When you hit this stage, you’re going to feel like a rockstar! You basically just came up with a business-related reason why you get to invest in a new toy that will NO DOUBT make your jobs unimaginably easier. Where do I even start on why this step in starting up your own tree service is so awesome? First, the mini can honestly do the work of five men and it never calls in sick.
The mini, paired with the dump trailer, gives you the ability to now move LARGE wood so much faster and get the whole job cleaned up in half the time. Not only is the machine saving your back, it allows you to fit more jobs in in one day. The more work you can do, the more money you can make, so this is a Smart decision for so many reasons.
The Bucket Truck
Ok. So now you’re really looking to be efficient when starting up your own tree service. Climbing everyday was fun, but now it’s time to get in and get out! Not to mention, day after day after day of climbing can wear on even the best fit person, so this is a great way to give your body a break while still beating the clock. This also allows that person on your team who’s a hard worker, but not the best climber, to really excel.
With this piece of equipment, you just upped their skill level, allowing your crew to take on jobs it couldn’t before, which opens up more time for you to go bid jobs, tie up loose ends, or possibly run two crews simultaneously.
This is also a great investment, depending on the type of work you normally get. If you’re constantly trimming trees next to sidewalks or driveways, this may be a better choice for you up at step two, but moneywise, it is considerably more costly than a dump trailer.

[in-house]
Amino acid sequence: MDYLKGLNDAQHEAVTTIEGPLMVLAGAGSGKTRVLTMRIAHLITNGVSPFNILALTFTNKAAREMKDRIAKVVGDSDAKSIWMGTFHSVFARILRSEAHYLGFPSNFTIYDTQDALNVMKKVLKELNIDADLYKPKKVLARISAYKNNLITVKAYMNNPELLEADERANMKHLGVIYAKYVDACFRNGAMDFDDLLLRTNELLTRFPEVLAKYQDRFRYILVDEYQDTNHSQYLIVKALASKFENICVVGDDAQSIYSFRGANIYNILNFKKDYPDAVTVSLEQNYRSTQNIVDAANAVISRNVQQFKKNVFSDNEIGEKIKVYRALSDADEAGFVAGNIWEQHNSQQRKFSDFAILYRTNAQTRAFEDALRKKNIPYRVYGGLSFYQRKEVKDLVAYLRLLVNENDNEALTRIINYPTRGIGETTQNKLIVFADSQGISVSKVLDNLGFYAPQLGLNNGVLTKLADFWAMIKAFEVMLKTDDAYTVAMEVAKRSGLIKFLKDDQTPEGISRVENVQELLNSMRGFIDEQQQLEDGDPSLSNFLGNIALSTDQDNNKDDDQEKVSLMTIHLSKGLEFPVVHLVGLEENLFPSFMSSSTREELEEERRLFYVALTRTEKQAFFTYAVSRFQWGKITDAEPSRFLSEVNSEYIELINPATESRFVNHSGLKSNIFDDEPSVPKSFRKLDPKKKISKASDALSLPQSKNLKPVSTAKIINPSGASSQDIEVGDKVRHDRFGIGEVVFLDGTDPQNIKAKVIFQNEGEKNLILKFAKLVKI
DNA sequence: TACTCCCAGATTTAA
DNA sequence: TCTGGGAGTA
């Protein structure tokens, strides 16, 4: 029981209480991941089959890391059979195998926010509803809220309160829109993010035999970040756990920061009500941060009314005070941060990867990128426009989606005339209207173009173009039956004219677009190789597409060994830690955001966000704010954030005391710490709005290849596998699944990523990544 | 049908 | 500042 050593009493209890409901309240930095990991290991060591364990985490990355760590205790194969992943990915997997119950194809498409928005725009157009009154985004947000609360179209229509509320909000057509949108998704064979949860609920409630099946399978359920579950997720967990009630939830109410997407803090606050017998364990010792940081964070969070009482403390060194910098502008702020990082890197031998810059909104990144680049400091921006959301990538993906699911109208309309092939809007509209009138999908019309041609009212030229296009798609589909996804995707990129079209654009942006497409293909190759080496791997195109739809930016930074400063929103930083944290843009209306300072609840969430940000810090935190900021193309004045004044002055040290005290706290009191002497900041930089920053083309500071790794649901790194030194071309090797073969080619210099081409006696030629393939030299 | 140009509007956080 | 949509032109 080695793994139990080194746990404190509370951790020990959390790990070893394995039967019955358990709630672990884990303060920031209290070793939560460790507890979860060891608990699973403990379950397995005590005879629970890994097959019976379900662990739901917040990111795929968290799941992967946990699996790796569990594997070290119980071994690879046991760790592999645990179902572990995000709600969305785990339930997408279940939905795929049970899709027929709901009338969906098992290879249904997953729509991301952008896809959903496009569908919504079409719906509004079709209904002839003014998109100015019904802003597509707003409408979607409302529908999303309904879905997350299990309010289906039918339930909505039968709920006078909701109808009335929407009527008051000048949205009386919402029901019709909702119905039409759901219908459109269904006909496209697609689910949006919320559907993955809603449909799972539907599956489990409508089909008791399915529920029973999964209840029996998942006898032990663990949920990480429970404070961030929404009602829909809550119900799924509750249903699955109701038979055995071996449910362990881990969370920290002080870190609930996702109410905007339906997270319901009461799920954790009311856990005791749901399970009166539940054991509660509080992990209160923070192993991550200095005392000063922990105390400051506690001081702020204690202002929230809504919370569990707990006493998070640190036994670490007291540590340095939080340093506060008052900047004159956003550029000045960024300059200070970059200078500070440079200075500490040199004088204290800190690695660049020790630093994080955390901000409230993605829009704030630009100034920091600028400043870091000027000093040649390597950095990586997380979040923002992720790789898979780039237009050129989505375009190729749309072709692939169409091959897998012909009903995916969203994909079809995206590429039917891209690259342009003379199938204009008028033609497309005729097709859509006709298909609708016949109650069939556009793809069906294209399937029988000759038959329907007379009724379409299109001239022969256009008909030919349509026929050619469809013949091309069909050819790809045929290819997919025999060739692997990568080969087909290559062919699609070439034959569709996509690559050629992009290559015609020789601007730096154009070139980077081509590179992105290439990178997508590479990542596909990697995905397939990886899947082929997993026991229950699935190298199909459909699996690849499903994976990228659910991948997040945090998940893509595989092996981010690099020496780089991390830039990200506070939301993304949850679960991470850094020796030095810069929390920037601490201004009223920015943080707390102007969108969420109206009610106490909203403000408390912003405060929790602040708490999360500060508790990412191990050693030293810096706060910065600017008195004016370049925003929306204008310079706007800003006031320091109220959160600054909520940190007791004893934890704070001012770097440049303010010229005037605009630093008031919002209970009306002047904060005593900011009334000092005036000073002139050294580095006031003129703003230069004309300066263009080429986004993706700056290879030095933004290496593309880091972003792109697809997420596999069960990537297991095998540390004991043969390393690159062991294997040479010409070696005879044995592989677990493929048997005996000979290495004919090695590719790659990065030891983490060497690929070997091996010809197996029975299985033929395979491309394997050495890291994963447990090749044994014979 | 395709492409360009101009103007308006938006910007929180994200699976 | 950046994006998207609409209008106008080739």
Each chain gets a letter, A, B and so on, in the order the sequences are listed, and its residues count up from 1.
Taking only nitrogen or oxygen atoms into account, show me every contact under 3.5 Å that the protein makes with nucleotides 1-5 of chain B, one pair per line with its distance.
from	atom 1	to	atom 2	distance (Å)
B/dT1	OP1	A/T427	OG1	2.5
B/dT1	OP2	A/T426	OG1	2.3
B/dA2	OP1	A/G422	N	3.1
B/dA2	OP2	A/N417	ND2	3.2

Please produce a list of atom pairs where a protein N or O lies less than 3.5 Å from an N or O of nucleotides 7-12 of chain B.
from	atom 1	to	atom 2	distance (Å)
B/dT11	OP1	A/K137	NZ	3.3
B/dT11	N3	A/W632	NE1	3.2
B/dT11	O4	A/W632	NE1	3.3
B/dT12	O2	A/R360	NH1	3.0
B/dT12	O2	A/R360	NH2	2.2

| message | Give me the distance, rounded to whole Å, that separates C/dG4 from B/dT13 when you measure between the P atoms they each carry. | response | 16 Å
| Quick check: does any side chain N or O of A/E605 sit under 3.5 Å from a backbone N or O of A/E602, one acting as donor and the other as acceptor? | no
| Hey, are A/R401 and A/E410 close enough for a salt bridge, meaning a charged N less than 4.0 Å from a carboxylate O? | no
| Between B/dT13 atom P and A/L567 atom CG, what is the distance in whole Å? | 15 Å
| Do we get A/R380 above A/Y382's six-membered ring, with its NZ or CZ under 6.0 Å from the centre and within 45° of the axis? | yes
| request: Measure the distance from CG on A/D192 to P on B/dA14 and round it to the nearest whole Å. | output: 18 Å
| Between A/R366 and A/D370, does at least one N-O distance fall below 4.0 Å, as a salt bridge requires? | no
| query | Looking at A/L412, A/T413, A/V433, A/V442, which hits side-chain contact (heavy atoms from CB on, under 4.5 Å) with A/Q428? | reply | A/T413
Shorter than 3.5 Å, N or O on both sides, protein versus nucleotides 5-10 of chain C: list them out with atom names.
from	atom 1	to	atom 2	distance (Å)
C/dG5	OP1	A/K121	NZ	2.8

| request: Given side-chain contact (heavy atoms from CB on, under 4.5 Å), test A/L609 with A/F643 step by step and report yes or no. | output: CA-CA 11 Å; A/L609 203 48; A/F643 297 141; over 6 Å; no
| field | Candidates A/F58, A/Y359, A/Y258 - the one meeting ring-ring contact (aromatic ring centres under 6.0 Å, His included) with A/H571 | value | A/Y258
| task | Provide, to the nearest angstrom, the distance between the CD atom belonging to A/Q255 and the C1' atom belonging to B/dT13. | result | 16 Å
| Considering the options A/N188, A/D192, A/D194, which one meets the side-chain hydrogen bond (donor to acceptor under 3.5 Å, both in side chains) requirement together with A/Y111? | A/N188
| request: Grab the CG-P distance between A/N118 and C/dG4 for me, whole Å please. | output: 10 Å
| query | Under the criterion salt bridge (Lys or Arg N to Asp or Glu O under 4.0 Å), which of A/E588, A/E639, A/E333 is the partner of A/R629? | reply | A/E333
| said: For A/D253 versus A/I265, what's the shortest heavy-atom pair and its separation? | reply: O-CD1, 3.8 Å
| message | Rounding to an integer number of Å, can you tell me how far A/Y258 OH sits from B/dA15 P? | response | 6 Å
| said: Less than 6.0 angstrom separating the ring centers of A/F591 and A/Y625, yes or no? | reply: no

The Spider Lift or Crane
Now we’re playing with the big dogs and talking money. In and out. Again. When starting up your own tree service, you have to spend money to make serious money. If you’re big into removals, these pieces are NO brainers.
The amount of time they will save you is incomparable. When a crane can come in a pick up a 40 ft tree in one pick, we’re no longer talking tree work, we’re talking construction with trees in tight spots. Using a crane on removals is one of the best decisions a larger tree service can make. The investment in the crane will easily pay for itself in a year’s time!
As for the Spider Lift, this equipment will open up possibilities you never thought possible when it comes to tight setups and small backyards! Some of these lifts can fit through a 36′ gate and still reach up to 80 feet! A winter’s worth of Oak pruning in Michigan could easily pay for this machine AND it will make the pruning easier! Awesome!
Happy Growing (and Trimming)
Hopefully you picked up some helpful tips and ideas on starting up your own tree service. You can grow your company from a pick-up truck and saw setup to a high end, full scale removal wrecking crew! Keep in mind this isn’t a definitive list of how to grow your company and in no way are we telling you that this will guarantee you money! We are just giving you some ideas and would also LOVE to hear your ideas and Комментарии и мнения владельцев in the section below! Thanks for reading and CLIMB ON!
THE NEW KNUCKLE BOOM GRAPPLE SAW TECHNOLOGY: IS IT GOOD OR BAD FOR THE FUTURE OF THE TREE CUTTING INDUSTRY?
Home / THE NEW KNUCKLE BOOM GRAPPLE SAW TECHNOLOGY: IS IT GOOD OR BAD FOR THE FUTURE OF THE TREE CUTTING INDUSTRY?
THE NEW KNUCKLE BOOM GRAPPLE SAW TECHNOLOGY: IS IT GOOD OR BAD FOR THE FUTURE OF THE TREE CUTTING INDUSTRY?
The tree removal industry has faced a number of challenges – safety, property damage, operational inefficiency. over, the skill level of operators can vary significantly. And, perhaps, most significantly, the quality of equipment makes the biggest difference of all. After all, not everyone will invest in a high-quality Heila knuckle boom to make their jobs easier.